Join Date: Dec 2010
Location: southern Arizona
I rode bitless for 3 years, and with a bit for 2.
Bits are for communication. Bitless robs you of some of that communication. There may be workarounds that will allow you to get the same end result, but you'll be working harder.
Trooper, our Appy, tended to turn his nose out and fall in with his shoulder. Bitless, we couldn't get him to just tip his nose in and find out how it felt. With a bit, it was easy to teach him. That was when we switched to using bits. Mia responds well to pressure on the poll when using a curb bit. So Trooper uses a snaffle, and Mia a curb.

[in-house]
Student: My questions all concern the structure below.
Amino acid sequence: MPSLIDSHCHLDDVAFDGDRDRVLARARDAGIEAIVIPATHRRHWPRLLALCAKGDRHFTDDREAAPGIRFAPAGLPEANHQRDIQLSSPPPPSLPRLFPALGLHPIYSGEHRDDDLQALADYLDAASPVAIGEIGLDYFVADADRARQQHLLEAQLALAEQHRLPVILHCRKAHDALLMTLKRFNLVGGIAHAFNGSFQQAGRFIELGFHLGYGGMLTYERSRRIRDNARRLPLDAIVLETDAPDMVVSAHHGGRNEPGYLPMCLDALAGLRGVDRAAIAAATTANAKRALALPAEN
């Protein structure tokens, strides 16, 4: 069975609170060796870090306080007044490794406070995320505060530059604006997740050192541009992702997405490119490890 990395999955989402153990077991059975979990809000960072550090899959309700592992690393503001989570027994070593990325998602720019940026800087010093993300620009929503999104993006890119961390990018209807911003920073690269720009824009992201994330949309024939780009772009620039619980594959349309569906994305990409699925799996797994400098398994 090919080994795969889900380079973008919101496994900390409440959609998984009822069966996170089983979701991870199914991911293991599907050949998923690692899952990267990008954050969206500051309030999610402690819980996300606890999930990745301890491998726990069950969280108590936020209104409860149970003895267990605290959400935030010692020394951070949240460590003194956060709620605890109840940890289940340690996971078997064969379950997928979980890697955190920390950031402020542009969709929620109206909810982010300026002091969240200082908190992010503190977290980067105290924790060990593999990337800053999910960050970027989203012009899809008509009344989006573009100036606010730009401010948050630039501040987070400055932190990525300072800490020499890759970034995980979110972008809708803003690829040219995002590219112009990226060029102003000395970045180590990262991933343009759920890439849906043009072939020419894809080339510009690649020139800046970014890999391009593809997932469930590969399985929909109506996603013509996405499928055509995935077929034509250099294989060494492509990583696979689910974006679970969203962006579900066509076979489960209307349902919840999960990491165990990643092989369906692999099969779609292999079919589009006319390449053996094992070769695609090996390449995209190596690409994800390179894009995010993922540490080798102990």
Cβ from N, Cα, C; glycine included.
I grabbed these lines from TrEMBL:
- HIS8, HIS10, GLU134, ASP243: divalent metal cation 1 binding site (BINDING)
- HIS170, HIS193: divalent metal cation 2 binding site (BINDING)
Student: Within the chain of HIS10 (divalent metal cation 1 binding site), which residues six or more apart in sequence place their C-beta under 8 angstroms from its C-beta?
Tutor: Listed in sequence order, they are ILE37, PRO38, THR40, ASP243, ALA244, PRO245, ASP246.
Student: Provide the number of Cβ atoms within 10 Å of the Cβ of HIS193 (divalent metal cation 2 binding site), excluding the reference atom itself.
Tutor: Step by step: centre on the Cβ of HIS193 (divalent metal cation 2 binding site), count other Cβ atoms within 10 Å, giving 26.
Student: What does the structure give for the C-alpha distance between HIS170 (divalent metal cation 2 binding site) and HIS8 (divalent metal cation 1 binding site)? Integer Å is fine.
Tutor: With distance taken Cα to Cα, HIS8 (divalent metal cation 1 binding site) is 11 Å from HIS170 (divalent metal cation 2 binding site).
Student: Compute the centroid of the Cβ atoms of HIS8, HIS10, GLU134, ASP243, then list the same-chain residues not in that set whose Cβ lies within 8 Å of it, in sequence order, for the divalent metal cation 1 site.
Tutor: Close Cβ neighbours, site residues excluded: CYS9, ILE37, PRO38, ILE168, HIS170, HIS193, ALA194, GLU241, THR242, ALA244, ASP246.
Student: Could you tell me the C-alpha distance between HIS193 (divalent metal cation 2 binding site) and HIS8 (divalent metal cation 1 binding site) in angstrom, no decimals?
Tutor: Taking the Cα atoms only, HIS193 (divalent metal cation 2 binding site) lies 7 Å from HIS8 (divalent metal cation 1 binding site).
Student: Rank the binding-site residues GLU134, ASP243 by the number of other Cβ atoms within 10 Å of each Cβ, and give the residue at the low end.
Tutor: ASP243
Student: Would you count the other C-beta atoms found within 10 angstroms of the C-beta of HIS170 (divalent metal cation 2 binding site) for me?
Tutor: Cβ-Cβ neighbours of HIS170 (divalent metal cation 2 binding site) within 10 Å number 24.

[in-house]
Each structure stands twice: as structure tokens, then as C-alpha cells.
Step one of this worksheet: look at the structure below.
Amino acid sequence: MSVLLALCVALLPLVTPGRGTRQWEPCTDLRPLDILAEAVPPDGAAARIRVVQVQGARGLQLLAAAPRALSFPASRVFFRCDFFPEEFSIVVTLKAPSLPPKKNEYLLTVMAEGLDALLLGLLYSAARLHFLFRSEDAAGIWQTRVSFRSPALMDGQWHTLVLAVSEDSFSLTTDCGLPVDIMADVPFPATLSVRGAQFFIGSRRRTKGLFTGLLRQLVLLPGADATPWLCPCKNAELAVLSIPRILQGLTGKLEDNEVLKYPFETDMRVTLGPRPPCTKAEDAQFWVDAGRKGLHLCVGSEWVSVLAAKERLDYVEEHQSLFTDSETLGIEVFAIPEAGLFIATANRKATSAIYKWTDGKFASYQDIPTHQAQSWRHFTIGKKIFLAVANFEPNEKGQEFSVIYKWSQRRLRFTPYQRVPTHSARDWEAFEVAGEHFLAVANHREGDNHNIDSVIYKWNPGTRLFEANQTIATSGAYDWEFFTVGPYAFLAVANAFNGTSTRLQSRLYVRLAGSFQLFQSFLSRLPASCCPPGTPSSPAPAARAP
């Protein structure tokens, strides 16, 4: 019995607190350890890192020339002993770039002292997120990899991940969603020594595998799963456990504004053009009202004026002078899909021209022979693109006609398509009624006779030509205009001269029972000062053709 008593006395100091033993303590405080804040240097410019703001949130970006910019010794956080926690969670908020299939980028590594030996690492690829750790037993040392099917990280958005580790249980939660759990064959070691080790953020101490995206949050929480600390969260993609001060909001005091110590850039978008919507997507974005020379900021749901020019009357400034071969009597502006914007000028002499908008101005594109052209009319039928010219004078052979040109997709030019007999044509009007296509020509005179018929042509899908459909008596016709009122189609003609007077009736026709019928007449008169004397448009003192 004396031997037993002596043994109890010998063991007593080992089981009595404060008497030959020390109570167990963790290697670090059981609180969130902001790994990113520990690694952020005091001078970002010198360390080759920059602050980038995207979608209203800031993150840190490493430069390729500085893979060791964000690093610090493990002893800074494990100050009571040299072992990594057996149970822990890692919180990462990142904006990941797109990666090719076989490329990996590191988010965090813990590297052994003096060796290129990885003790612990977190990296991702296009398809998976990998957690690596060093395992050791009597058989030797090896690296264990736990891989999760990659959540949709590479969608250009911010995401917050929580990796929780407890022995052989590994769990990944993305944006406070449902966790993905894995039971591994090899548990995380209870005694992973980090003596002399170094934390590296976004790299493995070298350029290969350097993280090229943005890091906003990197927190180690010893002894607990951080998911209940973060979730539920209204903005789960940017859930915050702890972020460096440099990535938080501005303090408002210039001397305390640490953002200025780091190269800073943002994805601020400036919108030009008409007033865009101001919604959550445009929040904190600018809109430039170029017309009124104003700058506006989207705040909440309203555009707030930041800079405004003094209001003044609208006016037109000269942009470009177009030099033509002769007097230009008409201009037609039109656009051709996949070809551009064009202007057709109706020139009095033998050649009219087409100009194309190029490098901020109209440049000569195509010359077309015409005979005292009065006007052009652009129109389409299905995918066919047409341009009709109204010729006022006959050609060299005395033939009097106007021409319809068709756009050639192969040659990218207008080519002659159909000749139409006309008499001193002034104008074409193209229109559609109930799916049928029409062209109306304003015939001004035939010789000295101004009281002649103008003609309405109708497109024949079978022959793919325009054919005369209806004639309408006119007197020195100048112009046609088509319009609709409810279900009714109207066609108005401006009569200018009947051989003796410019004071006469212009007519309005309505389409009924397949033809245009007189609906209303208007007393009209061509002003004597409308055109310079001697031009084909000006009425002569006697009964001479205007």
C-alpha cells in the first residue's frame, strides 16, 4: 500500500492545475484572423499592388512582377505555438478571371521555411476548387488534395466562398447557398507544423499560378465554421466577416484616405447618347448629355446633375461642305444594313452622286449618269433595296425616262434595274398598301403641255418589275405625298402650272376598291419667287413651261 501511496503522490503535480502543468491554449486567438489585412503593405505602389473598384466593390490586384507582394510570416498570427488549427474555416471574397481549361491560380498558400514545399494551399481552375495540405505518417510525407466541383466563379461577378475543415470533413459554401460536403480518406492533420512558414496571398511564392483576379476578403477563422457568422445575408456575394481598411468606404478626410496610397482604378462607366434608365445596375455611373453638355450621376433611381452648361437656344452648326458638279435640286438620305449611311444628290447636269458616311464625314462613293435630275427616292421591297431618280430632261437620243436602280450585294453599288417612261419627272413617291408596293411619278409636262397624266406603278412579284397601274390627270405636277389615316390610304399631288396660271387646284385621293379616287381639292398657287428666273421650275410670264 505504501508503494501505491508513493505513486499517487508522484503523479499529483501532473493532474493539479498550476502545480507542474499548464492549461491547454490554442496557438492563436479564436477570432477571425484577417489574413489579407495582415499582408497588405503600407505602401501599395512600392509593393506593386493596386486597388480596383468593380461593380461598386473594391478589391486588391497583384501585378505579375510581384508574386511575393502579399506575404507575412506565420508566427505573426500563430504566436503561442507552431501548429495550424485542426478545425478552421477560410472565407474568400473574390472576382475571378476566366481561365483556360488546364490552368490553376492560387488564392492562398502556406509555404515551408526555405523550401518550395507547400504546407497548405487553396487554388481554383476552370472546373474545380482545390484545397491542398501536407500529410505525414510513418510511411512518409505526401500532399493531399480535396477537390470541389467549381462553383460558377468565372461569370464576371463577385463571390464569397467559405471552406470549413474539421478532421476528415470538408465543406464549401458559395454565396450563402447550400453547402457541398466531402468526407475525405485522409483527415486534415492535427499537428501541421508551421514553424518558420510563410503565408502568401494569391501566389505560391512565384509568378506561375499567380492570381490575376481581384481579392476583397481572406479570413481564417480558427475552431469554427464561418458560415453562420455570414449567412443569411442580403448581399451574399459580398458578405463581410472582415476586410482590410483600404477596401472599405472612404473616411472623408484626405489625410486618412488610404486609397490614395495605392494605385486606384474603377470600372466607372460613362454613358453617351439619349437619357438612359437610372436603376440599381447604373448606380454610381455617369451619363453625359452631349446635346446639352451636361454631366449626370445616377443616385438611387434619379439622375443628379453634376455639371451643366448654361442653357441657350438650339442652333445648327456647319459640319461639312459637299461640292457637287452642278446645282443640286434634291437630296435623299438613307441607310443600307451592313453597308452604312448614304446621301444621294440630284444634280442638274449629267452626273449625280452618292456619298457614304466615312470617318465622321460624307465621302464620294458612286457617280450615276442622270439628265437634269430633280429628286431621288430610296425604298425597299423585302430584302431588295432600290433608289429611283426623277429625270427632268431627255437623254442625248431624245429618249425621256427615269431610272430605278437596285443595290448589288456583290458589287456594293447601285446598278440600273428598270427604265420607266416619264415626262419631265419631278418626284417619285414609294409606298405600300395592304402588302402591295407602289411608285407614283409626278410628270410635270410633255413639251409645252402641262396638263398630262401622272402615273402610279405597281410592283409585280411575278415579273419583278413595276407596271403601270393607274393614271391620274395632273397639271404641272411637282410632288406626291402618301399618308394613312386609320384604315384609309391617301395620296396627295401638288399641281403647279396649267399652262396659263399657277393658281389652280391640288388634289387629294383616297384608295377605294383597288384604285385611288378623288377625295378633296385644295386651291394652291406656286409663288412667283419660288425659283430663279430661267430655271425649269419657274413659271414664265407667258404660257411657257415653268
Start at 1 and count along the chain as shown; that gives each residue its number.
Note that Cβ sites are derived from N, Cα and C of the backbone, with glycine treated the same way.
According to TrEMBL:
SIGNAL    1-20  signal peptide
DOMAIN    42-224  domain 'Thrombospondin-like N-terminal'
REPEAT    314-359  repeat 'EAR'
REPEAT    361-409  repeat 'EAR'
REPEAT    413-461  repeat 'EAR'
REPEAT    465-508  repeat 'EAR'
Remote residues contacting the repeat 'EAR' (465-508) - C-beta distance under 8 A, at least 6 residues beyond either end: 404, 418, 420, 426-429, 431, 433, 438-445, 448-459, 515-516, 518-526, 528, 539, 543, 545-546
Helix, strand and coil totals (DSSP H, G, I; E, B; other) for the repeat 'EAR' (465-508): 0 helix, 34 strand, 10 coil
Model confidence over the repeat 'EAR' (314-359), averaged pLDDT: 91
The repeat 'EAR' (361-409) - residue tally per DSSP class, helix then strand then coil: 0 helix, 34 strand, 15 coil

There may be a way to do it all bitless, but it sure is easier with one. IMHO.
... Energy is an admirable thing, but the energy of stupidity seldom avails much..." - On Seats and Saddles (1868), Francis Dwyer, Major of Hussars (light cavalry)